Secretary of State John F. Kerry, right, speaks with Iranian Foreign Minister Mohammad Javad Zarif, ahead of nuclear talks in January. (Laurent Gillieron/Associated Press)

THE DEBATE in Congress over the most consequential U.S. diplomatic agreement in decades is headed for a weak and unsatisfactory ending. The Senate has ensured that the nuclear deal with Iran will not be overturned by Congress; while we supported that outcome, the preemption of a full debate through the use of a filibuster was disappointing. So, too, was the diversion by the Republican-led House into a far-fetched attempt to derail the accord with a claim that President Obama failed to meet a legal requirement that all of its details, including separate technical arrangements between Iran and United Nations inspectors, be disclosed. At best, the argument is a distraction: Congress cannot demand that the International Atomic Energy Agency alter its protocols to suit U.S. lawmakers.

The bottom line is that an agreement that will reshape U.S. policy in the Middle East, and could determine whether nuclear proliferation can be controlled in this century, stands to go forward without ratification or any other significant action by the legislative branch. That’s a particularly disturbing result in view of the bipartisan legislation on Iran passed earlier this year, which set up the review process that has now been curtailed or diverted.

Congress, however, still has an opportunity to shape how the nuclear deal is implemented. It can do so by taking up some of the proposals for supplementary legislation that are being advanced by both supporters and opponents of the agreement. Among others, Sen. Benjamin L. Cardin (D-Md.), an opponent, has drawn up a bill mandating follow-up steps, while Sen. Tim Kaine (D-Va.), a supporter, has been among those seeking to forge a bipartisan group like that which supported the review legislation. To his credit, Sen. Bob Corker (R-Tenn.), the chairman of the Foreign Relations Committee, has expressed interest.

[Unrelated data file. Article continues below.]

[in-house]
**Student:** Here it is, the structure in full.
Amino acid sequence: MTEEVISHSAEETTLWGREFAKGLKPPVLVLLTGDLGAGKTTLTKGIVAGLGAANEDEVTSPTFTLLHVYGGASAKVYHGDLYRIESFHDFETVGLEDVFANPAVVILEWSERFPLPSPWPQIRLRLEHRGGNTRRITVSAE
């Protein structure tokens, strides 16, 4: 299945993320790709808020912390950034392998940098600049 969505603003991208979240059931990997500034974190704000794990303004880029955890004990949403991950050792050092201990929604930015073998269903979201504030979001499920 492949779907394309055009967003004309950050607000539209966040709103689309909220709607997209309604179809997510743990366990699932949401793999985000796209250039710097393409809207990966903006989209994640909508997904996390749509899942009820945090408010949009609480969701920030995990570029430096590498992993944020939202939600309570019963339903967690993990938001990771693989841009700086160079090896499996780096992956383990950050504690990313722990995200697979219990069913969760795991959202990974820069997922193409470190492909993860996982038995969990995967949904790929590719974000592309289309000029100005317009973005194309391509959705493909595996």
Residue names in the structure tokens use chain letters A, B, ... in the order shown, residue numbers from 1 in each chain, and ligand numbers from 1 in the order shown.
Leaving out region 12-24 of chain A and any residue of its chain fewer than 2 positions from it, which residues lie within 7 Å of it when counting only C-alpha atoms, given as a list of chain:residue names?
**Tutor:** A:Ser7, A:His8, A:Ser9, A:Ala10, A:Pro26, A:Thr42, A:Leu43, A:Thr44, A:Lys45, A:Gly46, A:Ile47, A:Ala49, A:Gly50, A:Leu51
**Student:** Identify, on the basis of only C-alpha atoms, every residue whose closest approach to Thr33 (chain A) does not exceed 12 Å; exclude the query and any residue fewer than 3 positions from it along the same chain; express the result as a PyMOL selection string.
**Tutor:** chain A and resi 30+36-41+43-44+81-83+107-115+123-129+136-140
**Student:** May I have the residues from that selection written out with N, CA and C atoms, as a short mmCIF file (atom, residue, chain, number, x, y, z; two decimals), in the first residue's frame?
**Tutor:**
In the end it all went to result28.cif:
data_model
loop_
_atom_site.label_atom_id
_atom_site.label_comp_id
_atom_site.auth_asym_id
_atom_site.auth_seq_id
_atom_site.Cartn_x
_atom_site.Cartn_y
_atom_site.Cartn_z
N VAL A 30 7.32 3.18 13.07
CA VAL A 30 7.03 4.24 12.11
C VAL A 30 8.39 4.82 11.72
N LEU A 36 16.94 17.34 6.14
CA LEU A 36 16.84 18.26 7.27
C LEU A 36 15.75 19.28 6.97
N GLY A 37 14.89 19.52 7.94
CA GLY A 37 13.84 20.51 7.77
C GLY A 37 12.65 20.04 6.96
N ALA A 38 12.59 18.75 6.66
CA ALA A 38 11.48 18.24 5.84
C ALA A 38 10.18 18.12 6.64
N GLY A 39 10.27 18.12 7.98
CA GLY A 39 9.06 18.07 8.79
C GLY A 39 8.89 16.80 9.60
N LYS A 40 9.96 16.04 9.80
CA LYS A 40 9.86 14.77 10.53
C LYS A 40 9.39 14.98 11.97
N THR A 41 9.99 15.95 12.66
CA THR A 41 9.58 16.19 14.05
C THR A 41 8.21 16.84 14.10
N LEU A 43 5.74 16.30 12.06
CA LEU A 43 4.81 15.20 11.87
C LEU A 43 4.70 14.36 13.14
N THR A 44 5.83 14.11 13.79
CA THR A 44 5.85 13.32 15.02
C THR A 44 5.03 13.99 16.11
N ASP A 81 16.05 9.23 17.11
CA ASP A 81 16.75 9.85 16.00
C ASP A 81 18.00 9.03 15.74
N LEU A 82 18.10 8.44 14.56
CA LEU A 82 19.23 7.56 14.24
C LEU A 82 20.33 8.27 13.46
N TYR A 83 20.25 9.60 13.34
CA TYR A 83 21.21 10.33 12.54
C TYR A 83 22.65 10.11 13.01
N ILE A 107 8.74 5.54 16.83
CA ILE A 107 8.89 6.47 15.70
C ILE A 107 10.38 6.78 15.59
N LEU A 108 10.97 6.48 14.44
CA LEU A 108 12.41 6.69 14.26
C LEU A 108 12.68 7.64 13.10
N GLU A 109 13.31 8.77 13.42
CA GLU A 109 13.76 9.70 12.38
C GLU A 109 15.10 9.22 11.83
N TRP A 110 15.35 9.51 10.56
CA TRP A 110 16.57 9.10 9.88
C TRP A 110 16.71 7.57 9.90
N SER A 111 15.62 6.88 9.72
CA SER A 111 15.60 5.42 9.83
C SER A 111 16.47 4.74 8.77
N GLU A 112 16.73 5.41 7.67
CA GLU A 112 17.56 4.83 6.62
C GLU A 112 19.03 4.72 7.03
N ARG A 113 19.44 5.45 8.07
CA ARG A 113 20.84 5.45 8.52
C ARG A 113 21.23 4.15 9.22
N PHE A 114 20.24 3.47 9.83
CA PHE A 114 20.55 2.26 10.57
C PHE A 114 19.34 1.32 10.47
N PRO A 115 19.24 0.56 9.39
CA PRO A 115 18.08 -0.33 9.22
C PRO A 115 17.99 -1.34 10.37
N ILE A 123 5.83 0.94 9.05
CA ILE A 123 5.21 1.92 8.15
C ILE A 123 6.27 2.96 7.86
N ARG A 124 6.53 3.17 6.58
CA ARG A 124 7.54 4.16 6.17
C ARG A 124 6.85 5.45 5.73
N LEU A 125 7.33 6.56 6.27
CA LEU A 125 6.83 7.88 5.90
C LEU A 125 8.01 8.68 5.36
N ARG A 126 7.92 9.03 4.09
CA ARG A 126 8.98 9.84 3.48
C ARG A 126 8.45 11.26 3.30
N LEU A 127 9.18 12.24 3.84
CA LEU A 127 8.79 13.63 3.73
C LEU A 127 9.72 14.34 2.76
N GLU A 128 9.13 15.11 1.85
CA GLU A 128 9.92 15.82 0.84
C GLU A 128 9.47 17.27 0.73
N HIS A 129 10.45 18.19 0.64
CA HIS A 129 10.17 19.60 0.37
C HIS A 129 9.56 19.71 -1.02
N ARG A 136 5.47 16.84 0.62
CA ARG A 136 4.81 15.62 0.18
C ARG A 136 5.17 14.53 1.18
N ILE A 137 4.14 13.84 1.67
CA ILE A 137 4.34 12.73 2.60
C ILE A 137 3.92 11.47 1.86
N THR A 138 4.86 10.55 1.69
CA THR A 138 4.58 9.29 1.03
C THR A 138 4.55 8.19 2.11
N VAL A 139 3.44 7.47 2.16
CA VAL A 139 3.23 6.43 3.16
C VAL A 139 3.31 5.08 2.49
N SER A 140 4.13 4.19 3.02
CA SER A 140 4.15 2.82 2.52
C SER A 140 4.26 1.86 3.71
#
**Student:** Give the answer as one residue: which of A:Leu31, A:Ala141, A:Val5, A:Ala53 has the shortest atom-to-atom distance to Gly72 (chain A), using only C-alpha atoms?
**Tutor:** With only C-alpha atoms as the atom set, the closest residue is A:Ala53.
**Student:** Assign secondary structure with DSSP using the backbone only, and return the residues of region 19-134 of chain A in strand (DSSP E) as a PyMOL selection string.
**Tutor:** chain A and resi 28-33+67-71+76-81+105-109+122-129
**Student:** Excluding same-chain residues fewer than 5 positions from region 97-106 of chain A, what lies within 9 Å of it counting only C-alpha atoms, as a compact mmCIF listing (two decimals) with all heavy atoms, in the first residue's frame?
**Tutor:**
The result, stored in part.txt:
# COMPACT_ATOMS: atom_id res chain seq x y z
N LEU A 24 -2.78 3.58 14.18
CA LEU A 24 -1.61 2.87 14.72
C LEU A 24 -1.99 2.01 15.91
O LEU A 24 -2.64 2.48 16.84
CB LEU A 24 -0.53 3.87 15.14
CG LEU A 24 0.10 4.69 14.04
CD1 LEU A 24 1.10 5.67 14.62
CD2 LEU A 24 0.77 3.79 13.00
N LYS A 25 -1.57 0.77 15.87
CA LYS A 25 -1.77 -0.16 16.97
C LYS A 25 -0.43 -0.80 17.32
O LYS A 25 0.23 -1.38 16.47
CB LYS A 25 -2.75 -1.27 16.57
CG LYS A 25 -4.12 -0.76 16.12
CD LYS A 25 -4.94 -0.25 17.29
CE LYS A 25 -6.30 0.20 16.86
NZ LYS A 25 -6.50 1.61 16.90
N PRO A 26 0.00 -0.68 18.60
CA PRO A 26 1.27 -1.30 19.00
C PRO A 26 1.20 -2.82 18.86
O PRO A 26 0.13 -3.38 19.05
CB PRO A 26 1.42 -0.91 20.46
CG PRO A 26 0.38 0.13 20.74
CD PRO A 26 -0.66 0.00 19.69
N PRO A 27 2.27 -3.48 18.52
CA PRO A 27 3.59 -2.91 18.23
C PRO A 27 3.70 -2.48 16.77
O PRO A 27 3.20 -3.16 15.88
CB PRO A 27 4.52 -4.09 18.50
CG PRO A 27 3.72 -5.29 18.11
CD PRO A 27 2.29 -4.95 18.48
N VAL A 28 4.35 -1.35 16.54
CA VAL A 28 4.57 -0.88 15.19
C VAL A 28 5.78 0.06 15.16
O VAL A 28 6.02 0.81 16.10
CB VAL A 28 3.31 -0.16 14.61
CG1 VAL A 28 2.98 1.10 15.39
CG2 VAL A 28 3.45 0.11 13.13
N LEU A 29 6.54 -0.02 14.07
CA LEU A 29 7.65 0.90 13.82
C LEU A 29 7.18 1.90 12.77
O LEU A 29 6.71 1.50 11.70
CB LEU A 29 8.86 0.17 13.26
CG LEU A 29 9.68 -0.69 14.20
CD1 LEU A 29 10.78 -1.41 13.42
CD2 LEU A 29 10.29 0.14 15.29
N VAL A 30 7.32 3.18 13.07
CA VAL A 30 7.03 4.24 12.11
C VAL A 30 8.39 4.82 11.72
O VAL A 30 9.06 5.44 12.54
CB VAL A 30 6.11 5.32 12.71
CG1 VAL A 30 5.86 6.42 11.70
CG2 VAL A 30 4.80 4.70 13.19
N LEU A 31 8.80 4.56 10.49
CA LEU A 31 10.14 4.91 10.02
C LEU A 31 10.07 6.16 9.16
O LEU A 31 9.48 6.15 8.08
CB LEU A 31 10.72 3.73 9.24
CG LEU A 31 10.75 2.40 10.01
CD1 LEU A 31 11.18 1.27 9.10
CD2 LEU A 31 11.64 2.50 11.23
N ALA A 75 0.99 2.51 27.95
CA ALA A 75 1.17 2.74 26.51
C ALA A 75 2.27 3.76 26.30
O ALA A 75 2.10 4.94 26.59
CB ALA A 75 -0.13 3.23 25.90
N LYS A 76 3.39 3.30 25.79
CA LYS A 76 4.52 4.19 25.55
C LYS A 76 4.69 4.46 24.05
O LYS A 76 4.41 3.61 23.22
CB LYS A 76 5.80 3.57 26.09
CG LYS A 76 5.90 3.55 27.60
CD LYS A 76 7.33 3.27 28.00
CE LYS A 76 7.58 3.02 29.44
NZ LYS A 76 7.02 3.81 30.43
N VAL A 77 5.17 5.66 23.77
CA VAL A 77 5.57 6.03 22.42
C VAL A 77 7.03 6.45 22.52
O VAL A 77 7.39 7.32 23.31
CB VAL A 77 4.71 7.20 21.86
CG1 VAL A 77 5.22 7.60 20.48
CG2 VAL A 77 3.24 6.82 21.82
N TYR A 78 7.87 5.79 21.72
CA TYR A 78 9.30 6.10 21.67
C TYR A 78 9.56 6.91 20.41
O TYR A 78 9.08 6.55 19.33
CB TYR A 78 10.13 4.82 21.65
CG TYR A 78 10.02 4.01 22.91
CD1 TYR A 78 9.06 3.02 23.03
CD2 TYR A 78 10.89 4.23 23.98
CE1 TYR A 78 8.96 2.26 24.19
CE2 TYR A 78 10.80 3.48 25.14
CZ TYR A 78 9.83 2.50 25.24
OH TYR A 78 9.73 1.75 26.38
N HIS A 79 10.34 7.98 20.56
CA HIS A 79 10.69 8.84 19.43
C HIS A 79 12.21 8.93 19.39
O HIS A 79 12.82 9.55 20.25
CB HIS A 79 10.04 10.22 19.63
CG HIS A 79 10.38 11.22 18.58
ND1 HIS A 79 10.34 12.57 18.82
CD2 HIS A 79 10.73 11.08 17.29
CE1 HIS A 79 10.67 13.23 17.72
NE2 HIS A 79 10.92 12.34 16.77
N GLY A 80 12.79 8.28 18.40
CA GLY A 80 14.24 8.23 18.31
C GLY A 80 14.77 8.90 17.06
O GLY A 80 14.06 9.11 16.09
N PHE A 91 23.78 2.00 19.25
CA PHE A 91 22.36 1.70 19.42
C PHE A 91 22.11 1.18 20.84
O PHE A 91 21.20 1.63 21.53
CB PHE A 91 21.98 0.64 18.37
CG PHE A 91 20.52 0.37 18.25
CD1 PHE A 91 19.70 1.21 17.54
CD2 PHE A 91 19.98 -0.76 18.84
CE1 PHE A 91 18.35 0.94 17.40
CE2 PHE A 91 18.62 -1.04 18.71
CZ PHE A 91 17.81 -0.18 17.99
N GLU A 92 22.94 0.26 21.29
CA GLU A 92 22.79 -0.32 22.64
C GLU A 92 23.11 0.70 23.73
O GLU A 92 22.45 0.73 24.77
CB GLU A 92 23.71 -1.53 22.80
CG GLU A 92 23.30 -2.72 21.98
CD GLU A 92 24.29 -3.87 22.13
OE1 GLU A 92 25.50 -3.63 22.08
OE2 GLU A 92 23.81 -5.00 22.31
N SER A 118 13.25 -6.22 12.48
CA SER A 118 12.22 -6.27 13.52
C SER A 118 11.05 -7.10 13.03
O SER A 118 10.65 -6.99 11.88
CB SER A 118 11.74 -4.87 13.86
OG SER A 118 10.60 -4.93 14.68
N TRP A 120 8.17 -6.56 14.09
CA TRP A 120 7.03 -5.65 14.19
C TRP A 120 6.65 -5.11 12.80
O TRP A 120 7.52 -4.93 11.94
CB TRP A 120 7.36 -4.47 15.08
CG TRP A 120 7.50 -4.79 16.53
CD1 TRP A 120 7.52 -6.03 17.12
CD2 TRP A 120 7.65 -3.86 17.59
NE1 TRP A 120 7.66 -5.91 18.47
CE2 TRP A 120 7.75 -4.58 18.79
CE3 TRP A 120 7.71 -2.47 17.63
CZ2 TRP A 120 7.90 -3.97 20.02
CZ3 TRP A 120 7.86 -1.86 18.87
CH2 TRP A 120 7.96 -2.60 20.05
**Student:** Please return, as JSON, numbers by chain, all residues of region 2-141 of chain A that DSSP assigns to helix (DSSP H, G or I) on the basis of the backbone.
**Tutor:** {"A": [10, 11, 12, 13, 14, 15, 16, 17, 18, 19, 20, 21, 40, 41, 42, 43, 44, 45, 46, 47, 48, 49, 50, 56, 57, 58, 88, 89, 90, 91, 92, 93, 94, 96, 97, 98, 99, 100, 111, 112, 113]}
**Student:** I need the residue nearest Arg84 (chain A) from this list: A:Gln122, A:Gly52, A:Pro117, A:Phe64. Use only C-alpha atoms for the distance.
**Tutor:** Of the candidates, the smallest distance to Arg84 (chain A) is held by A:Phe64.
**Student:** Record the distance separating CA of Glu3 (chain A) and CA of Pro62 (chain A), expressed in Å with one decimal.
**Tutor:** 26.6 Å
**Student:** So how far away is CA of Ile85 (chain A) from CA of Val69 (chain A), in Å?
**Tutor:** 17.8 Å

The measures that could be included in a post-deal package start with a clarification of U.S. intent regarding Iran’s pursuit of a nuclear weapon. Congress can make clear that Mr. Obama or his successor will have support for immediate U.S. military action if an Iranian attempt to build a bomb is detected. One trigger could be verification that Tehran is producing highly enriched uranium; another would be the resumption of work on warhead designs and materials. Such a statement by Congress could not be binding, but it would tell Iran and U.S. allies in the region that the nuclear deal has not taken the U.S. military option off the table.

Other steps could be aimed at deterring Iran from using the billions it will gain from the lifting of sanctions to step up its support for Hezbollah, the Assad regime in Syria and other proxies. Tehran is claiming that the accord prevents the United States from reimposing sanctions in the future. But Congress can make clear that new sanctions can and will be adopted for non-nuclear offenses, such as weapons deliveries to Hezbollah or sponsorship of a terrorist attack on a U.S. target.

Legislation can also mandate new U.S. support for Israel. A 10-year security agreement, due to expire within three years, could be renewed and expanded; Congress could support the delivery to Israel of the Massive Ordnance Penetrator, a bomb developed to destroy an Iranian nuclear facility buried under a mountain.

The greatest risks of the nuclear accord are that Iran will seek a bomb in spite of the constraints it accepted and that it will escalate its attempt to establish hegemony over the Middle East by force. While Congress can’t now overturn the deal, it can pragmatically address both of these threats.